Get Empowered: Review Window and the Processing Method | Tip #47, Deriving Channels
Tip #47: Deriving Channels in Empower (Part 1)
Welcome back to Get Empowered! In the last tip-of-the-week blog for Empower Software, we explored how Liftoff% and Touchdown% work in the processing method when using the ApexTrack peak integration algorithm. This week we start a new series on Deriving Channels.
Let’s get started.
The term Deriving a Channel can mean several things. Some examples are:
- Performing a mathematical operation on a channel such as smoothing.
- Mathematically combining two or more channels to obtain a total response for analytes that live in different channels.
- Extracting a 2D channel from a 3D channel, such as extracting a single wavelength from a wavelength range collected with a Photo Diode Array detector.
And there are many more applications. For part 1 of this tip, let’s explore a simple example of smoothing a channel of data collected with a UV detector.
We start by bringing an injection into Review in Empower Software. The method set has been opened and applied. Note the signal-to-noise ratio for the relatively small peak at 5.625 minutes is 139/1 and the height is 1767 microvolts (Figure 1).
Zooming in on the baseline between 8 and 12 minutes, we see some short-term noise in the baseline (Figure 2). Our goal is to smooth the baseline thus reducing the noise in this region.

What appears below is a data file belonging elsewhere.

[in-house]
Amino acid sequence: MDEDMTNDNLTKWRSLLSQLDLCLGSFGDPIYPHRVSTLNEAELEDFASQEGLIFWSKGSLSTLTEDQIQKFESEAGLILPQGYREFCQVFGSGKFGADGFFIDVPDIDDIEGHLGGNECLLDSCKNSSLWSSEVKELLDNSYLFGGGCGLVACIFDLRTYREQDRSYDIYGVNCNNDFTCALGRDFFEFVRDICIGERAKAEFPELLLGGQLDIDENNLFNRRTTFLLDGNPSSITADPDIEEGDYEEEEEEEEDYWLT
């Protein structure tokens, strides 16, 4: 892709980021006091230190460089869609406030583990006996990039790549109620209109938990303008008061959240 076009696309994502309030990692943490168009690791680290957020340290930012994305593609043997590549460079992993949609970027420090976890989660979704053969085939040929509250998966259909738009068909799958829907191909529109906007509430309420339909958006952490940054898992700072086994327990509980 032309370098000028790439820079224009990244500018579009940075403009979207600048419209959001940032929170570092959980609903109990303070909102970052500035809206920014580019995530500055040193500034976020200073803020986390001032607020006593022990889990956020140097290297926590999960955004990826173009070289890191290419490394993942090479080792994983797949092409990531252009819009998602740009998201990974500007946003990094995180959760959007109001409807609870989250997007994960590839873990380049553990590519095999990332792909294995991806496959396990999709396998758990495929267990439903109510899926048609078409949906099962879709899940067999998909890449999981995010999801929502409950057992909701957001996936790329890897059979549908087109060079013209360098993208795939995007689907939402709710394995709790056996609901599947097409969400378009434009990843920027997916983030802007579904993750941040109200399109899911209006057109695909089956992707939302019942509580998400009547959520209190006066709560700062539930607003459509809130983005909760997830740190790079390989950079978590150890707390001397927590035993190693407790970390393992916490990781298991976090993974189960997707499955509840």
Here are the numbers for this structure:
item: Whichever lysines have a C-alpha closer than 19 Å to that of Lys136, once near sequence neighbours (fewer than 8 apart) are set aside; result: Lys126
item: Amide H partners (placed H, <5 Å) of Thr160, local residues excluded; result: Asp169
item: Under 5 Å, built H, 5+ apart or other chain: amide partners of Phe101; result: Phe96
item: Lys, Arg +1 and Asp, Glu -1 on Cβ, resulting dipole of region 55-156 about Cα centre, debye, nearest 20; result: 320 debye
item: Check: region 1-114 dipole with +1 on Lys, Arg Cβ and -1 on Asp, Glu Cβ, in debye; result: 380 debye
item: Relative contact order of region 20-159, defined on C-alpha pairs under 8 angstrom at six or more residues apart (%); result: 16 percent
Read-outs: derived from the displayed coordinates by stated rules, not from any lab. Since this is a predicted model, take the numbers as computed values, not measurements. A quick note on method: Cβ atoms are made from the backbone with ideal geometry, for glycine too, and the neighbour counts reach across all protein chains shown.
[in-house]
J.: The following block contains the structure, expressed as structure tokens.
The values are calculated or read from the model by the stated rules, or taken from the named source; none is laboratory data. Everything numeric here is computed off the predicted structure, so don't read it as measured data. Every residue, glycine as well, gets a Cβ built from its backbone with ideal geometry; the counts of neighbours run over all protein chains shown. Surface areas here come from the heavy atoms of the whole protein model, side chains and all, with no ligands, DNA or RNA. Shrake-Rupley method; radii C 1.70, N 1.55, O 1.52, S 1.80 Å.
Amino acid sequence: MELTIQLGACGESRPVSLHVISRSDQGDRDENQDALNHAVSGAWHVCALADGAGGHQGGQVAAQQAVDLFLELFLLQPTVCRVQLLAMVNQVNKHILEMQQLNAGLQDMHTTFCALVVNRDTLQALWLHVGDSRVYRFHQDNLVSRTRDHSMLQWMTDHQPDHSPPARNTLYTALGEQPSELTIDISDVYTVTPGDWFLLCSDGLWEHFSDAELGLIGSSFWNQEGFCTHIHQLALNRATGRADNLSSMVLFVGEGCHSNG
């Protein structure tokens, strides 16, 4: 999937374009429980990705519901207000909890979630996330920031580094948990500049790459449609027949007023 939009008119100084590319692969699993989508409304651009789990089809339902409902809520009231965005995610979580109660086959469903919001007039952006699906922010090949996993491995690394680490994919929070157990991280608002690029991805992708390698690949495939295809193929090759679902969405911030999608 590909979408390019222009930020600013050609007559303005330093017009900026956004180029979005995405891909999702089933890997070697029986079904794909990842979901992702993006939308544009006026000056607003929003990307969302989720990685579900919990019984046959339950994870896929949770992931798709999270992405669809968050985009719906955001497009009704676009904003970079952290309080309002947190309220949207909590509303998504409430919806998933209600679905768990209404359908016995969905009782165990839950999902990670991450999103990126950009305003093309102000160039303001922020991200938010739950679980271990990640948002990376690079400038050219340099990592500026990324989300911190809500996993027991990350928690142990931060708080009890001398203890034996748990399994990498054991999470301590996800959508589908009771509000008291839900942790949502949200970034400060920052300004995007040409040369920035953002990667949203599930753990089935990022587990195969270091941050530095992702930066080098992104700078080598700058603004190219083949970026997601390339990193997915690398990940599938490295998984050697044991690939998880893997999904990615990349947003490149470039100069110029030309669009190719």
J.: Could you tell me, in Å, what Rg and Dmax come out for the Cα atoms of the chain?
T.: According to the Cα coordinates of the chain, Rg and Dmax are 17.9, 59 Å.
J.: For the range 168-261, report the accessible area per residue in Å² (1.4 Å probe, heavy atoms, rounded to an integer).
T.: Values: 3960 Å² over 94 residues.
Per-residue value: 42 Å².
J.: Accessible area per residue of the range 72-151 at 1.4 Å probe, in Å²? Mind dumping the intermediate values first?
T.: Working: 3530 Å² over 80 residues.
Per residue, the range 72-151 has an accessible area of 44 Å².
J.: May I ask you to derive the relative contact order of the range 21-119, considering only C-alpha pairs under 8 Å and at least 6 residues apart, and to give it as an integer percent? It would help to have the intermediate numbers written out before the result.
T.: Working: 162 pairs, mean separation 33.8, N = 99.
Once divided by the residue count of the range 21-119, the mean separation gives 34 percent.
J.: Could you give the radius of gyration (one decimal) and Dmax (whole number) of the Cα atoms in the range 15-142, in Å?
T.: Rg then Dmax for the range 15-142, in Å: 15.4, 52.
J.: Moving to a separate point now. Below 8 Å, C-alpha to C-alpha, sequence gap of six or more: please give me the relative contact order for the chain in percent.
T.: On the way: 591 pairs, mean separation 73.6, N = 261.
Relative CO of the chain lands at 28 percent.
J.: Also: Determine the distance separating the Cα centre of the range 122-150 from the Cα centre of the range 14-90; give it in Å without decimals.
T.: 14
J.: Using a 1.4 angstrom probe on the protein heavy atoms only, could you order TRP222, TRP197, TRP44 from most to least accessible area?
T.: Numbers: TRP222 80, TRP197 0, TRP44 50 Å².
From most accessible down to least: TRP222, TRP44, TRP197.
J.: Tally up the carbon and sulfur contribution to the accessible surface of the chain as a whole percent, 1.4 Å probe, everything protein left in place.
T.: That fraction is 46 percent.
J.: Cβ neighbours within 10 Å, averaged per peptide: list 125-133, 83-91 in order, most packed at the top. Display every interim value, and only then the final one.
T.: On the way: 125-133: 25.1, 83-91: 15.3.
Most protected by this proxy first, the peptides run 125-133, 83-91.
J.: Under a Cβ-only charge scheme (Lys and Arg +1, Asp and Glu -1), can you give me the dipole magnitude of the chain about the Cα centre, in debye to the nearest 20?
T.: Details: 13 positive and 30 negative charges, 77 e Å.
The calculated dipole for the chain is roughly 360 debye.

In the method set window we see Derived Channels under the Method Set tree. Right-click on Derived Channels and select New, Derived Channel (Figure 3).
On the First (Only) Channel tab, select the channel of data you want to work with from the drop-down list (Figure 4).
On the Filter/Offset tab, select the amount of smoothing from the drop-down list (the higher the number, the more smoothing is applied) along with the type of smoothing (Figure 5).
Click OK and, when prompted, enter a name for the Derived Channel (Figure 6).
Add the Processing Method in the Processing Method field (Figure 7).
Return to Empower’s main window and after applying the method set, note the signal-to-noise ratio for the same peak is now 172/1 due to the reduction in noise and the height is now 1757 microvolts (Figure 8). (Smoothing smoothes all data points across the chromatogram, hence the slight reduction in peak height.)
Finally, we see a zoomed view of both chromatograms between 8 and 12 minutes and clearly the smoothed chromatogram has less noise than the original (Figure 9).
It’s that easy!
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- Savitzky-Golay smoothing averages data points. For more detailed information Google a book called Chromatographic Integration Methods by Norman Allen Dyson. There is a good section on filtering and smoothing chromatographic signals.
- This procedure can be followed using the QuickStart or Pro interface.
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Next week in Empower Tip #48: Deriving Channels in Empower (part 2)
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